There’s a particularly bad argument against those who accept the biblical prohibitions against same-sex sexual acts, and I think I’ve just realized something new about the argument. The Torah prohibitions on male-male sex acts are declared to be an abomination. There are those who want to reconsider how to interpret the biblical texts who want to minimize this statement. They point to the fact that eating shellfish is also an abomination in the Torah, which means it can’t be all that bad to be an abomination in the Torah.

Anyone who has thought for a little bit about the relation Christians see between the Mosaic law and the New Testament should see through such an argument, because the New Testament explicitly affirms the judgment of male-male and female-female sexual relations as bad while explicitly rejecting the dietary laws that the ban on eating shellfish was a part of. So that objection is pretty naive. Any Christian interpretive grid that seeks to minimize the Torah prohibition on same-sex sex acts can’t do so merely because we nowadays think it’s all right to eat shellfish, because there’s explicit allowance of that in the New Testament and explicit continuance of the harsh language about same-sex sex acts.

What occurred to me today, when reading Christopher Wright’s discussion of Deuteronomy 25, is that there’s a further problem with this objection. It’s not that the occurrence of eating shellfish lowers the negative judgment on homosexuality because an innocent enough act gets called an abomination. It’s the evil of eating shellfish and the other things that fall under this same term that go way up, and that includes the example Wright discusses from Deuteronomy 25 (cheating people in commercial ventures). Eating shellfish in the covenant context of God’s people called together to be separate from their neighbors is tantamount to deciding for yourself what you think God’s standards should have been when he instituted the dietary laws. We can’t read our acceptance of shellfish-eating into how serious eating shellfish would have been taken among those at the time.

The dietary laws were an important distinguishing feature of how Israel was to live in contrast to those around them. It reflected both abandonment of pagan worship practices and an affirmation of the things in nature that, in the Mosaic covenant, represented wholeness and unity among God’s people. It’s easy to lose sight of how serious it is to reject that when you think about how easily Christians eat shellfish today. It’s a complete misunderstanding of the cultural, indeed covenant, context of the Torah to think that the inclusion of shellfish as an abomination makes abominations not very serious.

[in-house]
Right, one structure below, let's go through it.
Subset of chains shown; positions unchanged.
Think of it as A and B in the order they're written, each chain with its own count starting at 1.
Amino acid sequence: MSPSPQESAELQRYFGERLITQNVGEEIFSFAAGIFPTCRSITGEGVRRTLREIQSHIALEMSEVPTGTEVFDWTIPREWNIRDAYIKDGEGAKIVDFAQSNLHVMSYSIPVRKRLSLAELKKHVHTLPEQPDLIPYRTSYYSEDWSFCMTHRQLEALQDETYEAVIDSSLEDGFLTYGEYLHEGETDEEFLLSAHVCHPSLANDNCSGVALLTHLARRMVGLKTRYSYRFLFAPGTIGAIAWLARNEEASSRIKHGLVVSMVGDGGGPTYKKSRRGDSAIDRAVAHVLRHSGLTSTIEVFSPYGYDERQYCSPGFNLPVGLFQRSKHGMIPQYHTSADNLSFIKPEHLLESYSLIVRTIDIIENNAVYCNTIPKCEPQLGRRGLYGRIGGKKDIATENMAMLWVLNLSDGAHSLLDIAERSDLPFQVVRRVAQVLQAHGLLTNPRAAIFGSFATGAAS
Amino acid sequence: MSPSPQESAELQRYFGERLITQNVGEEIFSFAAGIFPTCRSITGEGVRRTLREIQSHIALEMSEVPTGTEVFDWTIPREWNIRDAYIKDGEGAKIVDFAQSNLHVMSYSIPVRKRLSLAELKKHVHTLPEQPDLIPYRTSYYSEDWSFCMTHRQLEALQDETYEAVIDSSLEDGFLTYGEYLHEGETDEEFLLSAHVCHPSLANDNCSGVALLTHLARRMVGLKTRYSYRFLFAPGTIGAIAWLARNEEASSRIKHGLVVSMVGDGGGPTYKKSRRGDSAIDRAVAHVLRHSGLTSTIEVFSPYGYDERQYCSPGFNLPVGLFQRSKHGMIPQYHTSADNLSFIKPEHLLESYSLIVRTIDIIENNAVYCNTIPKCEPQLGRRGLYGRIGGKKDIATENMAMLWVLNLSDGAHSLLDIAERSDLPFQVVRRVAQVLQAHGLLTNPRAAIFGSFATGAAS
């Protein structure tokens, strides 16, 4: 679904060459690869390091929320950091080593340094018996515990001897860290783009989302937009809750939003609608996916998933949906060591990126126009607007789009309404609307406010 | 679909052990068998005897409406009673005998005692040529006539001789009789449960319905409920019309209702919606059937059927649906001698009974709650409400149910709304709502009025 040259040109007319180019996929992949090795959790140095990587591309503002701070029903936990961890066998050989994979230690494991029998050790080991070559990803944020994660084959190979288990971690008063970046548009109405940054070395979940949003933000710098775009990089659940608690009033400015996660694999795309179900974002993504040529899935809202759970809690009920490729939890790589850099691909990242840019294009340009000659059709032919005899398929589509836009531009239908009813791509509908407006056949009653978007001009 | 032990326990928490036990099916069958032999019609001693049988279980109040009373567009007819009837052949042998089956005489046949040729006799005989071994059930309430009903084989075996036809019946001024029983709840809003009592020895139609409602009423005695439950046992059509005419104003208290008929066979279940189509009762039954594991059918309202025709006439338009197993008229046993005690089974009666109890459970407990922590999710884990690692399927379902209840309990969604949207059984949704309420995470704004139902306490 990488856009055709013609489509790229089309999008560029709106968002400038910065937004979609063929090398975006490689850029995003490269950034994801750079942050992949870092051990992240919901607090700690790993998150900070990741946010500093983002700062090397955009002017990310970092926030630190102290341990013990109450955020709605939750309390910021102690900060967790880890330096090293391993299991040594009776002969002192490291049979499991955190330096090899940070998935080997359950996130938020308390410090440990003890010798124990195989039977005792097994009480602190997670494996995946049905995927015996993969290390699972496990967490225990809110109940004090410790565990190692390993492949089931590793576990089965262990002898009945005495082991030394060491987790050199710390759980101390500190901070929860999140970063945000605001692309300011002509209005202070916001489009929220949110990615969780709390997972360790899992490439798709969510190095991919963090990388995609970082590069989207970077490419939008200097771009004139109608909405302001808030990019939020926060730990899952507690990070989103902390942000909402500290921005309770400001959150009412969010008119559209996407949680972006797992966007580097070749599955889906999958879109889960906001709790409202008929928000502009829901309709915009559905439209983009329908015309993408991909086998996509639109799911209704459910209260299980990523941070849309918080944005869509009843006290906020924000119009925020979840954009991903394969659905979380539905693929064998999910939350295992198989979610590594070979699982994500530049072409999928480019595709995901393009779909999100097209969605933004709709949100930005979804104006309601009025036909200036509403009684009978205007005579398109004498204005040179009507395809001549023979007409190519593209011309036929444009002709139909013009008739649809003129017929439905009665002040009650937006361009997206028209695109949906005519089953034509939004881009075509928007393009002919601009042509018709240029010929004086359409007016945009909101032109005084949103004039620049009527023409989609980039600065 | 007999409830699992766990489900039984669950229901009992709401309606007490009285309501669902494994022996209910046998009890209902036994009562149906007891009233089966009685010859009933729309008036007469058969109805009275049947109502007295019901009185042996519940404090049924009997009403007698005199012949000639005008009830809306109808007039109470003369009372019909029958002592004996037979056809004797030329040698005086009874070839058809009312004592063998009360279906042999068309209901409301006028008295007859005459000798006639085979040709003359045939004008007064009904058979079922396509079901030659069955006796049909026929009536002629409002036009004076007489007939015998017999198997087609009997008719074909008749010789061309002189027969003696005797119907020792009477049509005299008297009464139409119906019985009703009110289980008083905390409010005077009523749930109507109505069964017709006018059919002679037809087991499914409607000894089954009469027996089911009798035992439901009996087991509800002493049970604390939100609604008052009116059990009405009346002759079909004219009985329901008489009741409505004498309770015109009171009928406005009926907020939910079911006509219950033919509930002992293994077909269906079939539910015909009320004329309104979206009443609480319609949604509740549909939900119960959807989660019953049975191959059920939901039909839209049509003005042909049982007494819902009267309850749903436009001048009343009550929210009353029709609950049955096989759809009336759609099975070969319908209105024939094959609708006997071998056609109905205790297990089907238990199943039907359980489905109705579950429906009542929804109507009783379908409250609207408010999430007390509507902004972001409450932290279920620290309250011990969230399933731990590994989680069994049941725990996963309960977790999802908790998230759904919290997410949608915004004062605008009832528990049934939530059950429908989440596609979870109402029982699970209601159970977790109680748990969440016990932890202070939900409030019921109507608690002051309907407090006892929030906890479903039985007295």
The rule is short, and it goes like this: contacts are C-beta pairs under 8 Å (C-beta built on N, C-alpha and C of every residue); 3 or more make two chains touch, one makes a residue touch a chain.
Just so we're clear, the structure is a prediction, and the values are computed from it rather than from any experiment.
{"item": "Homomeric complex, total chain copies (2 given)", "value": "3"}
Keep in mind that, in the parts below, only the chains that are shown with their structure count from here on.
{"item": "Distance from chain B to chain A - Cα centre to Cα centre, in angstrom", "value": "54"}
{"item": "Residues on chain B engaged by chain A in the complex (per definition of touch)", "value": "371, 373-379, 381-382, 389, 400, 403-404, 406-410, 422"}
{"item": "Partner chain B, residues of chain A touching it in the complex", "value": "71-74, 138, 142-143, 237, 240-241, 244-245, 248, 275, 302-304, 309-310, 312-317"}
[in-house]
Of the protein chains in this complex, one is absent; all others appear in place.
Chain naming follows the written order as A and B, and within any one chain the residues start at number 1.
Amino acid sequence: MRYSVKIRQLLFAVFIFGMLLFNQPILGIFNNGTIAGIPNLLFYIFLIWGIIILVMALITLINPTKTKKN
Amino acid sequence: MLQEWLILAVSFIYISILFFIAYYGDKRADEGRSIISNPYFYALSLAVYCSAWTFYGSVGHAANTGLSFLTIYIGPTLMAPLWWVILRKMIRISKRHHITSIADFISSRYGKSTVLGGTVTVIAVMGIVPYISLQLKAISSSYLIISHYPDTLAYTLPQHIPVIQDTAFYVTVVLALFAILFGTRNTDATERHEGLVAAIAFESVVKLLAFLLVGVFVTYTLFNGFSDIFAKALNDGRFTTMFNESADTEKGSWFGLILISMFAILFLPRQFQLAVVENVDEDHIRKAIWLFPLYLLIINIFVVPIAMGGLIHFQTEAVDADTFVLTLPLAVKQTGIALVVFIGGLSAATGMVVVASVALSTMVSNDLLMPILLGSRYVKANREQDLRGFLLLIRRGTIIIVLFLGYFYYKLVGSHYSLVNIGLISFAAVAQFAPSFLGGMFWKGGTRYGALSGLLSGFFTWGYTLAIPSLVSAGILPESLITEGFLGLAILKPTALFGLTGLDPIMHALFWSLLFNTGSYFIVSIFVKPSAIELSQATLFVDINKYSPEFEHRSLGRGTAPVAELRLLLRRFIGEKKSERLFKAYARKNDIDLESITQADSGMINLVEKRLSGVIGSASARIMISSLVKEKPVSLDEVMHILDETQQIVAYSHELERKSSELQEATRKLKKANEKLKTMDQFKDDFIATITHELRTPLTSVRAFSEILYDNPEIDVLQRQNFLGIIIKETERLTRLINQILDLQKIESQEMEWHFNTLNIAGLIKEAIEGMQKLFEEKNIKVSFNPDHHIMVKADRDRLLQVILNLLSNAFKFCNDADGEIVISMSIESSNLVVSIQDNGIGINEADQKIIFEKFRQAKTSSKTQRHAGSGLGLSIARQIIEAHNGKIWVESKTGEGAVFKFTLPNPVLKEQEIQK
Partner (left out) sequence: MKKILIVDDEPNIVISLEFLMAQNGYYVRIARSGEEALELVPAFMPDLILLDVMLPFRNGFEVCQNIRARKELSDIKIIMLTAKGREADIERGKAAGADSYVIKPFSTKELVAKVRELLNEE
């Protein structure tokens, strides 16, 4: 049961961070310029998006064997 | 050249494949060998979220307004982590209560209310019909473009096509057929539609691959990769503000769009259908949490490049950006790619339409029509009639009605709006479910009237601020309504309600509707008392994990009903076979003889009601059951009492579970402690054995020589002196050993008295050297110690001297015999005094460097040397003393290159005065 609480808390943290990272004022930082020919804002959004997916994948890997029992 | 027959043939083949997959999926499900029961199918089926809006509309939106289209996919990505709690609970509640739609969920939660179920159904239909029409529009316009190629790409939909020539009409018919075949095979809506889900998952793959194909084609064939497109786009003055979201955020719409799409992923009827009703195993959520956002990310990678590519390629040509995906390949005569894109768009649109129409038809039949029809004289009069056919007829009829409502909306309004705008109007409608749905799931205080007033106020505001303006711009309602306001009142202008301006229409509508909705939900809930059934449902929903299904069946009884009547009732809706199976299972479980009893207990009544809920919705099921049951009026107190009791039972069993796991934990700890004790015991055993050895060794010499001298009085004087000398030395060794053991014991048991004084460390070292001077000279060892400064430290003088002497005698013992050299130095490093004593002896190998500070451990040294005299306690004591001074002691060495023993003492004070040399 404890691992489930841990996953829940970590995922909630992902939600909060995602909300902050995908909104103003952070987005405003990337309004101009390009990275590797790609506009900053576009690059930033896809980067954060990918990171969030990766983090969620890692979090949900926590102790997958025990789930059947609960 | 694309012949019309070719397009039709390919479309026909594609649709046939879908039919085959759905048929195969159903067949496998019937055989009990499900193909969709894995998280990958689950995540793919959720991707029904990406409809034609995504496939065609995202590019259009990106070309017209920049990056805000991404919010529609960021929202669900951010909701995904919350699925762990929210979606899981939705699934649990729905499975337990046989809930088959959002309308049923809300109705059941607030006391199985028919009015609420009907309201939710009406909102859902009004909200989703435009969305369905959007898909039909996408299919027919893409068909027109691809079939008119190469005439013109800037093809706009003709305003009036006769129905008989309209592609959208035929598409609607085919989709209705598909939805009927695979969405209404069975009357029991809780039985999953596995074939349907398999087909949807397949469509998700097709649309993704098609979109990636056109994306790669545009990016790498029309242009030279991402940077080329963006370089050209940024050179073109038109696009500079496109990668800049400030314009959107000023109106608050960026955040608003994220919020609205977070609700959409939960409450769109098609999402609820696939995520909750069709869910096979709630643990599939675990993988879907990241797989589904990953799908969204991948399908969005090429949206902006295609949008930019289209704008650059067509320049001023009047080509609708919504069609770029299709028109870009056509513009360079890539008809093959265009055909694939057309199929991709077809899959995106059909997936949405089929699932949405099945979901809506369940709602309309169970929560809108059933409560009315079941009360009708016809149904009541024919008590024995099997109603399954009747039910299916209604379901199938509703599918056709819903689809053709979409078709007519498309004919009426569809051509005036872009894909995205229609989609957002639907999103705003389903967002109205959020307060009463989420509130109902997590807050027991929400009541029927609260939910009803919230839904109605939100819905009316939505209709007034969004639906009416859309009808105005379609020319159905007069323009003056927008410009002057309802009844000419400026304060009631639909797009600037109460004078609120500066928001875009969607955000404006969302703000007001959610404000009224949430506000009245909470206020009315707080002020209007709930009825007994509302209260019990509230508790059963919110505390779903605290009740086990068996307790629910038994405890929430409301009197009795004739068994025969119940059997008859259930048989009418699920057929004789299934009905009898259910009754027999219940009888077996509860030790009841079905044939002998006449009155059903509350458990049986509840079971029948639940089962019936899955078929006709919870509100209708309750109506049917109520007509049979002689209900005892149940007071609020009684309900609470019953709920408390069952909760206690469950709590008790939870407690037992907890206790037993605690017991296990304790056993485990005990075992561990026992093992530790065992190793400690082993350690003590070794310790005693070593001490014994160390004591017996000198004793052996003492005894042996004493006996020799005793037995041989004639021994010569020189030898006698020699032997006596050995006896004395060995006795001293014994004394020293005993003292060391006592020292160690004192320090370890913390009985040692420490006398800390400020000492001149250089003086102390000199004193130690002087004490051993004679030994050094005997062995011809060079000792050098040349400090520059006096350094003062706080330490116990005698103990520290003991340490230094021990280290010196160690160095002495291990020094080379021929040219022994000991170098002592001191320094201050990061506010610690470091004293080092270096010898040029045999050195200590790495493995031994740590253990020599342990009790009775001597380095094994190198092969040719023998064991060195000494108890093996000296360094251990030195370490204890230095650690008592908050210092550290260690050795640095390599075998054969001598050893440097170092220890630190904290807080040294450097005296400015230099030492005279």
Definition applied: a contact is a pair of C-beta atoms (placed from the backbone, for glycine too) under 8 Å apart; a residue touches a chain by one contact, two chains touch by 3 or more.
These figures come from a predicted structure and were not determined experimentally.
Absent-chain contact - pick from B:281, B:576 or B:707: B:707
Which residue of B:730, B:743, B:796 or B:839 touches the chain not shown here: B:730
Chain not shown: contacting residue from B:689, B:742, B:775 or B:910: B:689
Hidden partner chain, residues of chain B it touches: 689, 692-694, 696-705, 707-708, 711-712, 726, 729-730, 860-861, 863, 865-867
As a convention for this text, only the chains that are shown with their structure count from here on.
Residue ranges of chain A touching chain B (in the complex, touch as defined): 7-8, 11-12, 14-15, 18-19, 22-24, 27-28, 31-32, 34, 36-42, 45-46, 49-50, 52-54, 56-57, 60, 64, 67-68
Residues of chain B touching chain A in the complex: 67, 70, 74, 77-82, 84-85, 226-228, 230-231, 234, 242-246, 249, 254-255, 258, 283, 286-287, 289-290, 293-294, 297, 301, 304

Those who continue to hold to a high view of scripture, including the Torah, aren’t going to be able to dismiss the Torah pronouncements against abominations as easily as pointing out that we all eat shellfish now and don’t consider it an abomination. Any Christian does consider it an abomination to do something with the import of what eating shellfish would have been in that context. We just rightly don’t think eating shellfish in our context would have the same import. So any reconciliation of the prevailing secular view of homosexuality of our day with a high view of Christian scripture is going to have to look elsewhere. I don’t think it’s all that plausible that we should lessen how serious we take the Torah prohibitions on what it calls abominations to be just because it’s called an abomination to eat shellfish. We should instead increase our sense of the horror an ancient Hebrew would have had at the idea of eating shellfish.